LEWISTON — Tara Setmayer, a conservative commentator on CNN, calls herself one of “the sentinels in the watchtower” trying to help defend the republic against the danger posed by its own president.

She said Republican Donald Trump’s elevation to the nation’s highest office “is challenging and it’s unlike anything we’ve ever seen before.”

Speaking to more than 100 people — most of them students — at Bates College on Tuesday, she called on Americans to guard their freedom and “stay vigilant.”

And the 41-year-old New Jersey native, who has worked for Republicans for years, also said “we need to pray” because Trump “has his finger on the button. He’s got the nuclear codes.”

Invited to speak by the Bates Republicans, Setmayer didn’t hesitate to launch a steady stream of vitriol at the man she called “the fakest, most-contrived person ever.”

But she also cautioned that the people who elected him — many of them struggling white working people in the Midwest — have legitimate fears that Trump tapped into to sell them on the unlikely notion that he can turn their lives around.

“These people, they’re just looking for an opportunity,” Setmayer said. “I feel for them.”

She said Trump exploited their anger and emotions to grab political power with his stream-of-consciousness rants and rallies. He manipulated them with the skill of P.T. Barnum, Setmayer said.

Molly Ryan, president of the Bates GOP, said her group believes strongly in free speech and in the sort of “diverse and robust debate” that Setmayer provides. She said she issued the invitation for the television personality to come speak so students would hear a perspective not often heard in college classrooms.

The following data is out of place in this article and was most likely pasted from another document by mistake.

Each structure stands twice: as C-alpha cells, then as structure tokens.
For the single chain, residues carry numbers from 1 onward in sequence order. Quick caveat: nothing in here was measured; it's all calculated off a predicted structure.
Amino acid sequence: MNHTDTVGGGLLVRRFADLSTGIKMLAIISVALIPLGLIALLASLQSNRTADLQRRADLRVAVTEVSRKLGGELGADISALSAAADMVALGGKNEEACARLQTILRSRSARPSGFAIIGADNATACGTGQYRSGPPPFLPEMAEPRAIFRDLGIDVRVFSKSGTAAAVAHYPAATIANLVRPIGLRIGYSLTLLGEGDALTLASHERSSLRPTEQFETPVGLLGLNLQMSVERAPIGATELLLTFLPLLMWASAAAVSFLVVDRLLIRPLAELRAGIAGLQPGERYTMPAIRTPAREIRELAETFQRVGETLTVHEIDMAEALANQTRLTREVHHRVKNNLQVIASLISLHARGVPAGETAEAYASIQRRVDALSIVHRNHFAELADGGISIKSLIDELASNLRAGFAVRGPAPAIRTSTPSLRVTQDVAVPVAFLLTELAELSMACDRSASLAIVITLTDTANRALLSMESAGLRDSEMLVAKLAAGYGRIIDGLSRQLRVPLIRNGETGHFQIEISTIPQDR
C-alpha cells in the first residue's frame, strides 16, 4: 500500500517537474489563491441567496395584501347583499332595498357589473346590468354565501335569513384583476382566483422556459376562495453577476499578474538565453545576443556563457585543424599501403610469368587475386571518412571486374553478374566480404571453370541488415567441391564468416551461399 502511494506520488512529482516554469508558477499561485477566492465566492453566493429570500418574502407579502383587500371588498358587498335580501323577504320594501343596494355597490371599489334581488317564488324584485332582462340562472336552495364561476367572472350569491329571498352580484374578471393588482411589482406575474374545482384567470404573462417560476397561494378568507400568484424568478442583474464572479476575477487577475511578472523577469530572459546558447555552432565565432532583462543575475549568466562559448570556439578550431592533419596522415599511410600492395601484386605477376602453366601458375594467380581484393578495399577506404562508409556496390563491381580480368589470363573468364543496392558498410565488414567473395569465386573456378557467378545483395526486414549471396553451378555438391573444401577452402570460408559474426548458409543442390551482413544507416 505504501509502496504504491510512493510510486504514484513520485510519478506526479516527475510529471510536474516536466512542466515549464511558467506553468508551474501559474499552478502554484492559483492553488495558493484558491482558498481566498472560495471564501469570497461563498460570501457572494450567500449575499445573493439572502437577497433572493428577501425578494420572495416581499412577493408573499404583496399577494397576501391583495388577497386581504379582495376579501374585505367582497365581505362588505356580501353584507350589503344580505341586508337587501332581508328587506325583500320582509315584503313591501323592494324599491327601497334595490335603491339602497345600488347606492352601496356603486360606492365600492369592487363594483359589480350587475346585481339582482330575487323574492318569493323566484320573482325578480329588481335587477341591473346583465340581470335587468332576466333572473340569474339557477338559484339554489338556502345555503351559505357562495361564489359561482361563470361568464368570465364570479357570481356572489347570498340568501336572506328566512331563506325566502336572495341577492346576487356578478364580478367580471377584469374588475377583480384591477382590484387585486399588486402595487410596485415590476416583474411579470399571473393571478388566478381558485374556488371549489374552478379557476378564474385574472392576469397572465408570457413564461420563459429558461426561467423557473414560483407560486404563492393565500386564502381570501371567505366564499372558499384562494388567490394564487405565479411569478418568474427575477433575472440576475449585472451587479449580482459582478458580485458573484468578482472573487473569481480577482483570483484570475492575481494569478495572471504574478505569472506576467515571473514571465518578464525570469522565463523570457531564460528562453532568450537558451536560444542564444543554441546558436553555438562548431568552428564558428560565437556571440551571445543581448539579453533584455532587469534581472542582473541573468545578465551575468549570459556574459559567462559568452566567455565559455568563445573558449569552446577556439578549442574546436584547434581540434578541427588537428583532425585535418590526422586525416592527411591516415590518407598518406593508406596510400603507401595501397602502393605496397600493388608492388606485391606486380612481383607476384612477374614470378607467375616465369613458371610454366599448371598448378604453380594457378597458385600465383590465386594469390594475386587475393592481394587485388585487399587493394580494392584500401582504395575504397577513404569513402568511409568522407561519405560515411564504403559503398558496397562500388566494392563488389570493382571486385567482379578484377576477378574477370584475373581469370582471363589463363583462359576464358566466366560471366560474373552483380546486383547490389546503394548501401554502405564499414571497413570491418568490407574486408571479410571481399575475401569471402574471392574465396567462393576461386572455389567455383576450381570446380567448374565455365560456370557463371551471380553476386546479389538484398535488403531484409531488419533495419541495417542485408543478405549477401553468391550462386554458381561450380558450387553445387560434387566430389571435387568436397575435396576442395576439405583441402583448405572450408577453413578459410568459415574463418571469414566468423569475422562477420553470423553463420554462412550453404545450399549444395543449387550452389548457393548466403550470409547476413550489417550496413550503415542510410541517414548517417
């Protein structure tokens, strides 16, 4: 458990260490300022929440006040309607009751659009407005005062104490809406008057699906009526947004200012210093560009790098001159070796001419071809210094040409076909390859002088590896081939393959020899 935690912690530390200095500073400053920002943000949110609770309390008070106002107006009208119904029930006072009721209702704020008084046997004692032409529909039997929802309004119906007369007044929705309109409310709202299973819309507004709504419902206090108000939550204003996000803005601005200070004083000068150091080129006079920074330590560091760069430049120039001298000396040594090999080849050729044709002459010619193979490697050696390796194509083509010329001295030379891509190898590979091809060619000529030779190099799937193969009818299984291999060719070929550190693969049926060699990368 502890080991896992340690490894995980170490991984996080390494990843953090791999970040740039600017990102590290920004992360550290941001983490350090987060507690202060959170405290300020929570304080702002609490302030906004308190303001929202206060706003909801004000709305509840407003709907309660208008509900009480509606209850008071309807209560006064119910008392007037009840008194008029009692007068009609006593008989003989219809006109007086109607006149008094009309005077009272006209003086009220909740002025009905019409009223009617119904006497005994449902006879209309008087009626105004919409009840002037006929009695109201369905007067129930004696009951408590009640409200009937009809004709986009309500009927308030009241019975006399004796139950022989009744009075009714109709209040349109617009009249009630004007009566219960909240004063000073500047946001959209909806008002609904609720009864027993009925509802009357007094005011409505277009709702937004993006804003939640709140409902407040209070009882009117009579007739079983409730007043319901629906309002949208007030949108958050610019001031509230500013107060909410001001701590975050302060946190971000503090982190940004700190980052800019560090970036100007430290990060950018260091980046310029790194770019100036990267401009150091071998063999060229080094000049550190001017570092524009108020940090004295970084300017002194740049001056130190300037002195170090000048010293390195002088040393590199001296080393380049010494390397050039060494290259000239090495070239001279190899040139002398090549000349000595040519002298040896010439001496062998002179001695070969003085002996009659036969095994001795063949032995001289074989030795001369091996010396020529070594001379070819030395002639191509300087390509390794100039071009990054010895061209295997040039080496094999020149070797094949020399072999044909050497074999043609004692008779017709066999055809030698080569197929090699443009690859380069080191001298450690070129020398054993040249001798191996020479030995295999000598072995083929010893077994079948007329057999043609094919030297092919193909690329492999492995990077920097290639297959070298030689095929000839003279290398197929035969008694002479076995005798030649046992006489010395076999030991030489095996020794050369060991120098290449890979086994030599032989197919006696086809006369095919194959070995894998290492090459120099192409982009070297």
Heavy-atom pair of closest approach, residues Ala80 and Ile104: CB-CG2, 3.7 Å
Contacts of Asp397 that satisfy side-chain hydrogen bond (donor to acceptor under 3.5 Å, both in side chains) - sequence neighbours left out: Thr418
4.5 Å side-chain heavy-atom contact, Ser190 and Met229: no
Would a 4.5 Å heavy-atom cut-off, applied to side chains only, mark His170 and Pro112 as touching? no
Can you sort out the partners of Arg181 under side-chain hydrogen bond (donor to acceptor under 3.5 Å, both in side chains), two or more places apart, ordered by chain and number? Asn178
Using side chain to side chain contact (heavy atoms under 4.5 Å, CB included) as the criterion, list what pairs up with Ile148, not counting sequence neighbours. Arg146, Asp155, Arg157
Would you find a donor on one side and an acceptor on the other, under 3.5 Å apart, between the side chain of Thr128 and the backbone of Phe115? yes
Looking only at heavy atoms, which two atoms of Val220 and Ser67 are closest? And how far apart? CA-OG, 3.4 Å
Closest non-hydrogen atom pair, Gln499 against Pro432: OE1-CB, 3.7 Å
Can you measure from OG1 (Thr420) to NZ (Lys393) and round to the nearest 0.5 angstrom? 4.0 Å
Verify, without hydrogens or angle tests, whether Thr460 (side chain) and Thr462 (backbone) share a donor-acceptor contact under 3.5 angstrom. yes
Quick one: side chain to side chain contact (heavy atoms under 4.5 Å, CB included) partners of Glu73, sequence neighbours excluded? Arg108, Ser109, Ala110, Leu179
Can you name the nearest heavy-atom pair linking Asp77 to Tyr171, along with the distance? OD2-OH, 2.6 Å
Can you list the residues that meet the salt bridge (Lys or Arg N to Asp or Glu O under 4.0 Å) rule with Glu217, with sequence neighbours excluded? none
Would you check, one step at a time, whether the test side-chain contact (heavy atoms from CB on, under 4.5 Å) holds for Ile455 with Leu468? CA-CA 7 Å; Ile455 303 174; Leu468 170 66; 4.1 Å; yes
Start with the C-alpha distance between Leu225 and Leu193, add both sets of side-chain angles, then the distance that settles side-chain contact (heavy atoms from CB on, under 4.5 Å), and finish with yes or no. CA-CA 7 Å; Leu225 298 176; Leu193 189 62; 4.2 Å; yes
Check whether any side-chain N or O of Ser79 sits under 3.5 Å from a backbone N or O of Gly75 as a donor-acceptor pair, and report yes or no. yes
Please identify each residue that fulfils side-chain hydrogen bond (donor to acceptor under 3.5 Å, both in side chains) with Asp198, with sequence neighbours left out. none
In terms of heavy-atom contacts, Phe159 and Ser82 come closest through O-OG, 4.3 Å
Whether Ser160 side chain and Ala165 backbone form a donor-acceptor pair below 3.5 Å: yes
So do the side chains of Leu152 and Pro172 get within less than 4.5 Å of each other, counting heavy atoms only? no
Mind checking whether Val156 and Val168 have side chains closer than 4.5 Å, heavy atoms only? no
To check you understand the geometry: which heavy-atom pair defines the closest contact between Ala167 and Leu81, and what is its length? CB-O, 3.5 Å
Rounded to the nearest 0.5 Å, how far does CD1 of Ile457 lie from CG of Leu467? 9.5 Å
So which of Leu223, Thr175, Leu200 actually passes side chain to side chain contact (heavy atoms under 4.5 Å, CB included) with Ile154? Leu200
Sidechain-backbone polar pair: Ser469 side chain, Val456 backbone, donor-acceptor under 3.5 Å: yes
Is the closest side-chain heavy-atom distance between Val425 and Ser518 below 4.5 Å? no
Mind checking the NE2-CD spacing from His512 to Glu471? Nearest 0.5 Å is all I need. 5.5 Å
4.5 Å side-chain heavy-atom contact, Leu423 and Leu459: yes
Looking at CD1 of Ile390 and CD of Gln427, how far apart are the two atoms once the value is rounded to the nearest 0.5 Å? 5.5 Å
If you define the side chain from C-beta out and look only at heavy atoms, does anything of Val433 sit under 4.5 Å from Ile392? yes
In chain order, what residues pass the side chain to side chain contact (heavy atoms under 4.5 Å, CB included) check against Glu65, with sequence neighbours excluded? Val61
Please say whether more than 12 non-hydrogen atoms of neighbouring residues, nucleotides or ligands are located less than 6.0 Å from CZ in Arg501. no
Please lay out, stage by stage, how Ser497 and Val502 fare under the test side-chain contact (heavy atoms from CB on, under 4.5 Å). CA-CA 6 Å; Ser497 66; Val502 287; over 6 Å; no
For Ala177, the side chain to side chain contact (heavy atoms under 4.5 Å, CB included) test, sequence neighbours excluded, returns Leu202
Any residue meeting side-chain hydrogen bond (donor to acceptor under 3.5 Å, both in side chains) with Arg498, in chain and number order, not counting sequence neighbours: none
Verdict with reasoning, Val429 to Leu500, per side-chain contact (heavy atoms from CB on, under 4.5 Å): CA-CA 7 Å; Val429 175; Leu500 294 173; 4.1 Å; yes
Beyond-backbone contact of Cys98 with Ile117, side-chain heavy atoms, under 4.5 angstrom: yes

Setmayer said that since Trump jumped into the campaign almost two years ago, politics “has basically infected every area of our lives” constantly.

“It’s everywhere,” she said. “We are living in a real-life reality show” that she said is fascinating but also “scary as hell.”

She said the Republicans in 2015 had “a great roster” of candidates, but Trump somehow slipped past them all because of his name recognition and the fact that his foes fought so long with each other that he was able to grab and hold the lead.

No matter what he did or said, Setmayer declared, Trump was “like a bad horror movie — he just wouldn’t die.”

Setmayer, who hopes to run for office someday, said she’s been particularly disappointed in the many GOP elected officials who haven’t defended GOP values and denounced Trump.

“I see a lot of hypocrisy,” she said, as Republicans on Capitol Hill squirm to side with Trump even when it runs counter to the conservative values they’ve always espoused. “It’s like an alternative universe,” Setmayer said.

Setmayer said she’s particularly concerned about Trump’s ongoing assault on the media. She said the First Amendment is a vital freedom whose demise could lead to tyranny.

She also told students that shouting down speakers and protesting with violence, which has happened on some campuses, is off the mark as well. “You need to hear dissenting voices,” Setmayer said. “The real world does not have safe spaces.”

Setmayer said she’s upset by “the Gestapo craziness” of Trump’s efforts to rip immigrant families apart and his bullying of everyone who disagrees with him.

With no fixed ideas, a pattern of throwing “Trumper tantrums” on Twitter, and a constantly changing agenda, she said, the president is “dangerous in a lot of ways.”

But as long as people reject Trump’s “cult of personality” and stay true to American values, the country will emerge from his administration in four years “or, God forbid, eight” and move on, Setmayer said.

In the meantime, she said, “the Trump phenomena require a lot of national self-reflection” from both sides of the political divide.

“I’ve never been more challenged as a conservative and a Republican,” she said.

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